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Review: the Wolf of Wall Street

By Burton Mail  |  Posted: February 07, 2014

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IT’S CHILDISH I know, but I still get a slight thrill from going to see an 18 certificate film, despite the fact that on my next birthday, I will be 34 – old enough to have a child who would themselves be old enough to see such a film.

An 18 certificate does not guarantee a good film – far from it – but it usually means you are unlikely to be bored.

And though the Wolf of Wall Street clocks in at exactly three hours, I was certainly not bored for one second of this engaging, hedonistic, over-the-top and above all, hilarious, whirlwind of a movie.

From the opening scene where a lion walks through the trading floor of a brokerage firm, you get the feeling this is a film which will require you to suspend your sense of belief.

And yet, it is a true story. The lion, the drugs, the chimpanzee on rollerskates, the drugs, the prostitutes, the drugs, the luxury yacht which crashed at sea and, more than anything, the drugs.

True, at least, according to the memoirs of Jordan Belfort, whose life story Martin Scorsese and Leonardo Di Caprio weave in front of our eyes in visceral technicolour.

Scorsese and Di Caprio combine for the fifth time to tell the story of Belfort, a New York stockbroker who ran a firm engaging in securities fraud and corruption on Wall Street in the 1990s.

We first meet Belfort at the height of his debauchery, and are then taken back to 1987, when he first takes a stockbroker job at an established Wall Street firm.

His boss Mark Hanna (Matthew McConaughey) advises him to adopt a lifestyle of casual sex and cocaine to succeed.

McConaughey is in the film for less than 20 minutes, but his is a memorable cameo - one of many in the film including the likes of Rob Reiner, Jean Dujardin, Jon Favreau and even Joanna Lumley - and delivers a wonderfully hypnotic monologue explaining that what they do means nothing - but can make them millionaires.

Belfort is eager to get started, but he is barely into the job when the firm fails after Black Monday, October 19, when stock markets around the world crashed, shedding a huge value in a very short time.

Belfort is unemployed in a poor job market for stockbrokers, but his wife Teresa (Cristin Milioti) encourages him to take a job with a small Long Island firm dealing in penny stocks.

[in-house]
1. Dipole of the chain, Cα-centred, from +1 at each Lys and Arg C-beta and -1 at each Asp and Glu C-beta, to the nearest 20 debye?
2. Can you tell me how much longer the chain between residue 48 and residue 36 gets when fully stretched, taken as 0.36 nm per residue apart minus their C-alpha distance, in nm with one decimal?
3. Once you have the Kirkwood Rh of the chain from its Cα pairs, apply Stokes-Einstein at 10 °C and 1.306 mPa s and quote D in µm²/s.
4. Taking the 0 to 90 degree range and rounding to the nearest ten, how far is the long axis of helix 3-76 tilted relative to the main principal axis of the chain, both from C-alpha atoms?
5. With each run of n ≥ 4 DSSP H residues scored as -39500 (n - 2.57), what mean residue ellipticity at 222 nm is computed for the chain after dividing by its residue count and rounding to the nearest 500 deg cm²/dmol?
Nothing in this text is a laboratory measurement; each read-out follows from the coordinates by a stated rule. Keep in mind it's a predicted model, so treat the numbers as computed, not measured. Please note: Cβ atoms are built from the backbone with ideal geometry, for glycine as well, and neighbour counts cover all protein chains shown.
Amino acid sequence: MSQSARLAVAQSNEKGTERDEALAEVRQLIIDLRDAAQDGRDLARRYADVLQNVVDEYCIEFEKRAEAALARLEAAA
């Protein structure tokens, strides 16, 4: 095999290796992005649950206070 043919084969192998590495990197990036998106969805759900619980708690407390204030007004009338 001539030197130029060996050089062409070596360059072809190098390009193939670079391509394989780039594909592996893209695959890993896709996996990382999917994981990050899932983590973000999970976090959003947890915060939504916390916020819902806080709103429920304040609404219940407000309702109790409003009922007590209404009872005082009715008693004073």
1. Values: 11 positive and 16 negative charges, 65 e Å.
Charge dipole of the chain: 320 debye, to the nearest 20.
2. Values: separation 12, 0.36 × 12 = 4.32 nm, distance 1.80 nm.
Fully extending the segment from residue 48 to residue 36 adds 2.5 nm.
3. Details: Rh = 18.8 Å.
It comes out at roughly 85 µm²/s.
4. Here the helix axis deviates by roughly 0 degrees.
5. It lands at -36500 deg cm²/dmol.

His aggressive pitching style, combined with the higher commission rate of penny stocks, soon earns him a small fortune.

He befriends Donnie Azoff (Jonah Hill), a salesman living in the same apartment complex and they decide to go into business together, dragooning several of Jordan’s friends, most of them experienced marijuana dealers to form Stratton Oakmont.

Despite a name which suggests its founders “chiselled their name right into Plymouth Rock”, Stratton Oakmont it is essentially a pump and dump scam, where the salesman convince investors to buy up huge volumes of worthless stock, making themselves a tasty commission but nearly always losing their clients’ money.

A decadent lifestyle of lavish parties, sex and drugs follows, and Belfort, who refused to even have a drink in his first liquid lunch with Hanna, begins to regularly use prostitutes, and becomes addicted to cocaine and Quaaludes.

He meets Naomi Lapaglia (Margot Robbie) at one of his parties, and begins an affair which results in his divorce.

However, when FBI Agent Patrick Denham (Kyle Chandler) begins investigating Stratton Oakmont, and Belfort in particular, his whole world comes under threat.

The film has been deemed controversial for its moral ambiguity, presence of drugs, and use of animals, while containing the most uses of a particular swearword (569 in total) - but also nominated for five Oscars, including best picture and best director.

I cannot defend some of the depiction of, and attitude towards women, nor the brief uses of trained animals (though none were harmed), but I do question that the film glamourises the lifestyle of Belfort and co, another accusation levelled at it.

Though often hilarious, the protagonists are deplorable and largely irredeemable (even a brief hint of loyalty between them is soon quashed), but I for one did not come out of the cinema with any desire to emulate them.

If anything, I empathised more with Chandler’s droll, relatively impoverished and yet seemingly content cop, which to me is a sign that the film is on the right side of the moral dilemmas it poses.

Belfort and his mob are criminals, white-collar criminals whose principal victims are the top one per cent of America’s rich, but criminals nonetheless, and they all do get their comeuppance.

The Wolf of Wall Street is no Goodfellas, the Scorcese film it is closest to in style, nor does it rank as high as Taxi Driver, Mean Streets, Casino or King of Comedy in my estimation of that director’s oeuvre.

But I laughed more at this film than anything Scorcese has made before, and it has some brilliant set pieces, which benefit from the extended screen time they are given.

Some of the snappy interchanges between Di Caprio and Hill, as well as an unforgettable scene where the duo overdose on ‘ludes, could well live as long in the memory as the “funny how?” scene from Goodfellas, and that is no meant feat.

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